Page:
# stimulus modality and stimulus location
brain = stc_all_cluster_vis.plot(
subjects_dir=subjects_dir,
views="lat",
time_label="temporal extent (ms)",
clim=dict(kind="value", lims=[0, 1, 40]),
)
brain.save_image("cluster-lh.png")
brain.show_view("medial")
# %%
# Finally, let's investigate interaction effect by reconstructing the time
# courses:
inds_t, inds_v = [
(clusters[cluster_ind]) for ii, cluster_ind in enumerate(good_cluster_inds)
][0] # first cluster
times = np.arange(X[0].shape[1]) * tstep * 1e3
plt.figure()
colors = ["y", "b", "g", "purple"]
event_ids = ["l_aud", "r_aud", "l_vis", "r_vis"]
for ii, (condition, color, eve_id) in enumerate(zip(X, colors, event_ids)):
# extract time course at cluster vertices
condition = condition[:, :, inds_v]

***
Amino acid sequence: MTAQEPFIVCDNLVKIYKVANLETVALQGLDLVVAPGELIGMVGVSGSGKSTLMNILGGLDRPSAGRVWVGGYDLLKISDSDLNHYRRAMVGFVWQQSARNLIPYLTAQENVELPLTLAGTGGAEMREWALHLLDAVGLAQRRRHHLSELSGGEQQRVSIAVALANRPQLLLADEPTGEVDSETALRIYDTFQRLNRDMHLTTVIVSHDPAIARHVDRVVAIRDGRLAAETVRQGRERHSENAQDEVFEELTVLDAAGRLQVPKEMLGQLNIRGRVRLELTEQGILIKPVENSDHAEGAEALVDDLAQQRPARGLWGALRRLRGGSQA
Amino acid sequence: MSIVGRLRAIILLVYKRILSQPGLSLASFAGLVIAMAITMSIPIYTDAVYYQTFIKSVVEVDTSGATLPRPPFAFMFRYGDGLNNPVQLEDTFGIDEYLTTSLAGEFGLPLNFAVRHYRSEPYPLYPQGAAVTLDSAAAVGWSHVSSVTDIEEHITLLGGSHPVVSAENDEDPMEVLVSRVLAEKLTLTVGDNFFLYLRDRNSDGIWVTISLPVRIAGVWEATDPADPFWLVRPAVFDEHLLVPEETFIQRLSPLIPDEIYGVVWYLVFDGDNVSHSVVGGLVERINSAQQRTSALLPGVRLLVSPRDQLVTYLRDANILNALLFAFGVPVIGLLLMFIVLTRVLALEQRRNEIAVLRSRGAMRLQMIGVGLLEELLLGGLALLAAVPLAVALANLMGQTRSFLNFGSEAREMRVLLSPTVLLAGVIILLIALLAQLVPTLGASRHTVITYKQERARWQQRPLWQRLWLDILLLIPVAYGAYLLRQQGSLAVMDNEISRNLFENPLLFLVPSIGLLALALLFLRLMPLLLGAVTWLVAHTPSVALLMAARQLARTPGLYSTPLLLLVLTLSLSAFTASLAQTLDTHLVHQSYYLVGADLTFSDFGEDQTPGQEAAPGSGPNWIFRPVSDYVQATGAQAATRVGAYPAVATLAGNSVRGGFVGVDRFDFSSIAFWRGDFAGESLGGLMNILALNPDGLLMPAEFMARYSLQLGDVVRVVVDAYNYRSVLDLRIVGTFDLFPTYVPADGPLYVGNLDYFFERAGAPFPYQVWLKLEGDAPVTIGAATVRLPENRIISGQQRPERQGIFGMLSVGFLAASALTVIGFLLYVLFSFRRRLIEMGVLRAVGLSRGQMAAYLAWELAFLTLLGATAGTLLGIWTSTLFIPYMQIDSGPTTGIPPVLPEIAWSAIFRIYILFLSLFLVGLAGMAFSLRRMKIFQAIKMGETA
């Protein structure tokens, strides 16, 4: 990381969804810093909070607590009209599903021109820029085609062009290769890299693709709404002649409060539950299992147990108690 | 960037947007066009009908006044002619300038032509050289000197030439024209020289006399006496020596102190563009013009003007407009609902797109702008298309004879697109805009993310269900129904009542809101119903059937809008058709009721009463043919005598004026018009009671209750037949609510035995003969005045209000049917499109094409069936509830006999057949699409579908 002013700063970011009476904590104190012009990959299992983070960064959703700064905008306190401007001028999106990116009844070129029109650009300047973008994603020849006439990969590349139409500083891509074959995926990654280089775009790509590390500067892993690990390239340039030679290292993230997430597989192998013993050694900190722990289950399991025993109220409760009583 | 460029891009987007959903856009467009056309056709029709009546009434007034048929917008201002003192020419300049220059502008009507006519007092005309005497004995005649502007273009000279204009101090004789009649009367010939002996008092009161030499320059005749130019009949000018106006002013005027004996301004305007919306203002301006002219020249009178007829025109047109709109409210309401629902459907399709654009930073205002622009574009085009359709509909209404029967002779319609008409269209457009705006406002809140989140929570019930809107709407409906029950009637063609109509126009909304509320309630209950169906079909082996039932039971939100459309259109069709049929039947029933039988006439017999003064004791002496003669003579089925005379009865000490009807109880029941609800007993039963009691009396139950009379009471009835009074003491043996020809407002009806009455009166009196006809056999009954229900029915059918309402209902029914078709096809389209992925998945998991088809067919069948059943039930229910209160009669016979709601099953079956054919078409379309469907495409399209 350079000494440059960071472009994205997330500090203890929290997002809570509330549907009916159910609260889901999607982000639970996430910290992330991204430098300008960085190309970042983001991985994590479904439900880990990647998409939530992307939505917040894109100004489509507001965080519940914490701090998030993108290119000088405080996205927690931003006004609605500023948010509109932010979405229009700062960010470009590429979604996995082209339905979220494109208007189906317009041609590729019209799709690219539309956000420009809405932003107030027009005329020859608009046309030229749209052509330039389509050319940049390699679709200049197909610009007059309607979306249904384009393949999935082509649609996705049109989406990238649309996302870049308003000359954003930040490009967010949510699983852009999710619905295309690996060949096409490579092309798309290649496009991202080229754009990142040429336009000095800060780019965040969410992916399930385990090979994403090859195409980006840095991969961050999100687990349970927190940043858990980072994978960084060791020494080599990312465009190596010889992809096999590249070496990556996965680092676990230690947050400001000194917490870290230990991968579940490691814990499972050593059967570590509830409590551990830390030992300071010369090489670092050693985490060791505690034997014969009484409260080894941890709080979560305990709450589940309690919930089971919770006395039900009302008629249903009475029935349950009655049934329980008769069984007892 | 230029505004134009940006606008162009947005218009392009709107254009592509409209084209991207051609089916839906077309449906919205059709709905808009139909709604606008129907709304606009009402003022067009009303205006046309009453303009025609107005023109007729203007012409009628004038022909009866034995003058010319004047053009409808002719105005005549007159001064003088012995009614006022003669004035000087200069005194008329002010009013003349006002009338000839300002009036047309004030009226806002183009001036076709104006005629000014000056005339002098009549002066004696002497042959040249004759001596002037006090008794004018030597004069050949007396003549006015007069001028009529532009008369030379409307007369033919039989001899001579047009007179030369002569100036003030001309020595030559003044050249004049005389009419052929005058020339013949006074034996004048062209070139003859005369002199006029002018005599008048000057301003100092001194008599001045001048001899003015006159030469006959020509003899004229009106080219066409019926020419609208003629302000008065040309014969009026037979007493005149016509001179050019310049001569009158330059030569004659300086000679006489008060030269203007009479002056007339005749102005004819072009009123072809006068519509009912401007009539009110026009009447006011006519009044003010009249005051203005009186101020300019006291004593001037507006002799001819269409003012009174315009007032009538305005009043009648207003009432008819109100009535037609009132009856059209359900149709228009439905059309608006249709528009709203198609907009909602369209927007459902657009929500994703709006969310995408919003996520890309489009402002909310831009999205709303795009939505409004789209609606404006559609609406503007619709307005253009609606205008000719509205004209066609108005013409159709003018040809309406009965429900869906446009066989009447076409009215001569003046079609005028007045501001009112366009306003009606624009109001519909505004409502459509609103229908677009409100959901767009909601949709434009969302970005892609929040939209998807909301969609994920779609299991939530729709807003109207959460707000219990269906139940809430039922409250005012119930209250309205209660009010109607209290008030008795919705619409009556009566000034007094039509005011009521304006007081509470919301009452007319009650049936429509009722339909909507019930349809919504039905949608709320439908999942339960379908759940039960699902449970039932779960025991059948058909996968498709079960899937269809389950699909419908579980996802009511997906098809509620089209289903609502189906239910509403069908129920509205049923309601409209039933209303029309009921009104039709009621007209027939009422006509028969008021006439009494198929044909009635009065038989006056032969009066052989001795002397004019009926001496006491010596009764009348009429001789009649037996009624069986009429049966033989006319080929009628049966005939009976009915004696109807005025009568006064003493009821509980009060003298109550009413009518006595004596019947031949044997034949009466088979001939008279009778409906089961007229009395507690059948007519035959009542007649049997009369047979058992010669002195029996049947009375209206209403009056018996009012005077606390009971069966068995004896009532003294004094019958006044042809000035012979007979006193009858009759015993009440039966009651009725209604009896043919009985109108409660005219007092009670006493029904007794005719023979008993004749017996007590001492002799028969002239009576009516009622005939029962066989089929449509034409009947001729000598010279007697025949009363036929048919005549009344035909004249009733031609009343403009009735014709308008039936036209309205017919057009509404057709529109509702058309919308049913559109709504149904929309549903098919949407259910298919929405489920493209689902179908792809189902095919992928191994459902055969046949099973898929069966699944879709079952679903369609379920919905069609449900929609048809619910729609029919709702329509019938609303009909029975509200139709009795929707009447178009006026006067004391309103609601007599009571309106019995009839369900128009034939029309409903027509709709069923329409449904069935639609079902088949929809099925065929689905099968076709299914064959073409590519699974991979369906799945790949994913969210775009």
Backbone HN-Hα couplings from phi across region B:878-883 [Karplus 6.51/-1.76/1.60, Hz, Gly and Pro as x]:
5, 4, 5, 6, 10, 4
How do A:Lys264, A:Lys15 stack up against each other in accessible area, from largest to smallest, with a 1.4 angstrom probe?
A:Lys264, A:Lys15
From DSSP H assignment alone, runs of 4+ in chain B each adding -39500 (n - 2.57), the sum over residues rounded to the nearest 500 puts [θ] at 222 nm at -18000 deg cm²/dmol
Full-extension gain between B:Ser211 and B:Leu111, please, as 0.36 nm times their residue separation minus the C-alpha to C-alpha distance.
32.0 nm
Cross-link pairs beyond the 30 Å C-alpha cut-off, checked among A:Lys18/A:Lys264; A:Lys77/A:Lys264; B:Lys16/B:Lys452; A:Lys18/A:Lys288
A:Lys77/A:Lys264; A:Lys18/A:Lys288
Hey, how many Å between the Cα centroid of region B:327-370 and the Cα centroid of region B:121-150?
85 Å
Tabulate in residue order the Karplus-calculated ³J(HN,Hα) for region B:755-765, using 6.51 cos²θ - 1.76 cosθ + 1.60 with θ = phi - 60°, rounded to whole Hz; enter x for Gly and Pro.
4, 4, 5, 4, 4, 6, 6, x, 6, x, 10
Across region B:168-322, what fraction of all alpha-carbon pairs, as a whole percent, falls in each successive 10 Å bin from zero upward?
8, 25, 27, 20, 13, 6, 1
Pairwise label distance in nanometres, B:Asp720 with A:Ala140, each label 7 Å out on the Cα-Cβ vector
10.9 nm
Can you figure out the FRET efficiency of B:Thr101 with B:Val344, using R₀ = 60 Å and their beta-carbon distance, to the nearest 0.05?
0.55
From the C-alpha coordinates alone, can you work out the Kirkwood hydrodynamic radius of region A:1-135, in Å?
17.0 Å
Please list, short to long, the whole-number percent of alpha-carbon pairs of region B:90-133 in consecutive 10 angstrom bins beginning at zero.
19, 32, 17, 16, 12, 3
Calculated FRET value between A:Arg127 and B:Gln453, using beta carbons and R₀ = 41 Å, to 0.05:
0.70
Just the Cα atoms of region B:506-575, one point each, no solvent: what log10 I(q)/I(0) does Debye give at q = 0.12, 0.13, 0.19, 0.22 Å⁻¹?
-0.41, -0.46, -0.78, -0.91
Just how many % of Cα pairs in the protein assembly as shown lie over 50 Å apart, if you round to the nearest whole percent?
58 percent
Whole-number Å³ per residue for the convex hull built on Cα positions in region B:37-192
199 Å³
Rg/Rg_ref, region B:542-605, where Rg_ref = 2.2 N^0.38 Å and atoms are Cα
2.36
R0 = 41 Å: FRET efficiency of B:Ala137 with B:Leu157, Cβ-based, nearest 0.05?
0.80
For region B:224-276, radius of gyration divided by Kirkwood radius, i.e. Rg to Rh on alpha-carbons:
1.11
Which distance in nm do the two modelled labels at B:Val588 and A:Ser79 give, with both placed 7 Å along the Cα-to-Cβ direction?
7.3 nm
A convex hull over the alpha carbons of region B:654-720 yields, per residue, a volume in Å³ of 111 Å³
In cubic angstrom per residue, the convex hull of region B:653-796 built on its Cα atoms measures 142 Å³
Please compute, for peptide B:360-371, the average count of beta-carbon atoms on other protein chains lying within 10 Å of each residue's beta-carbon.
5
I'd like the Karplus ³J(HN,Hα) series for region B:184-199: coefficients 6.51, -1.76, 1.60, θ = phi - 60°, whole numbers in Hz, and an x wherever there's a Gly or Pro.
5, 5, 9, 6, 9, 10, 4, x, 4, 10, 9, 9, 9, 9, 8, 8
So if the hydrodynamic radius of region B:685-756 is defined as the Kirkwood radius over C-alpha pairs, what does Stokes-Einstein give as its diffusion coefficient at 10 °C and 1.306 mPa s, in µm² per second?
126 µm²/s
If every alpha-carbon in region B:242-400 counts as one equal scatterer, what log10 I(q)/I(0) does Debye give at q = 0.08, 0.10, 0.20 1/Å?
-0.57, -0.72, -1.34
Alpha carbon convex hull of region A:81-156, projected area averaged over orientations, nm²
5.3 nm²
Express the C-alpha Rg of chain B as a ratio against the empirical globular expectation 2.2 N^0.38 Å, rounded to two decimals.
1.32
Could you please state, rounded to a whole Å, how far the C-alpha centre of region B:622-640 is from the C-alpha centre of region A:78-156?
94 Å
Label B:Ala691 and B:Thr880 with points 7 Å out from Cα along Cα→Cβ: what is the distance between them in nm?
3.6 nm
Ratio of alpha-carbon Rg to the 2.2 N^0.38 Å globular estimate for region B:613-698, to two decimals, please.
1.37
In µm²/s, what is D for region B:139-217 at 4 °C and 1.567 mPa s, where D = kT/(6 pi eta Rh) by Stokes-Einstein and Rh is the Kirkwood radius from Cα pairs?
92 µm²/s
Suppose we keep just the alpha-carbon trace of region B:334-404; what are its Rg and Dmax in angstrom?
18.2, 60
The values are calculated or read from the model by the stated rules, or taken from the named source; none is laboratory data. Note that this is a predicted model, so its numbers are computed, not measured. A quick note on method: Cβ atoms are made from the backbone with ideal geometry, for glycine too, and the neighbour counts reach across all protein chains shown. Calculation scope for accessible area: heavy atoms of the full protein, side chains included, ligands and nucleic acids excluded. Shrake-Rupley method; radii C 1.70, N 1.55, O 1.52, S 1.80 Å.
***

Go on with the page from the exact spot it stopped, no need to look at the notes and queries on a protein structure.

# normally we would normalize values across subjects but
# here we use data from the same subject so we're good to just
# create average time series across subjects and vertices.
mean_tc = condition.mean(axis=2).mean(axis=0)
std_tc = condition.std(axis=2).std(axis=0)
plt.plot(times, mean_tc.T, color=color, label=eve_id)
plt.fill_between(
times, mean_tc + std_tc, mean_tc - std_tc, color="gray", alpha=0.5, label=""
)
ymin, ymax = mean_tc.min() - 5, mean_tc.max() + 5
plt.xlabel("Time (ms)")
plt.ylabel("Activation (F-values)")
plt.xlim(times[[0, -1]])
plt.ylim(ymin, ymax)
plt.fill_betweenx(
(ymin, ymax), times[inds_t[0]], times[inds_t[-1]], color="orange", alpha=0.3
)
plt.legend()
plt.title("Interaction between stimulus-modality and location.")
plt.show()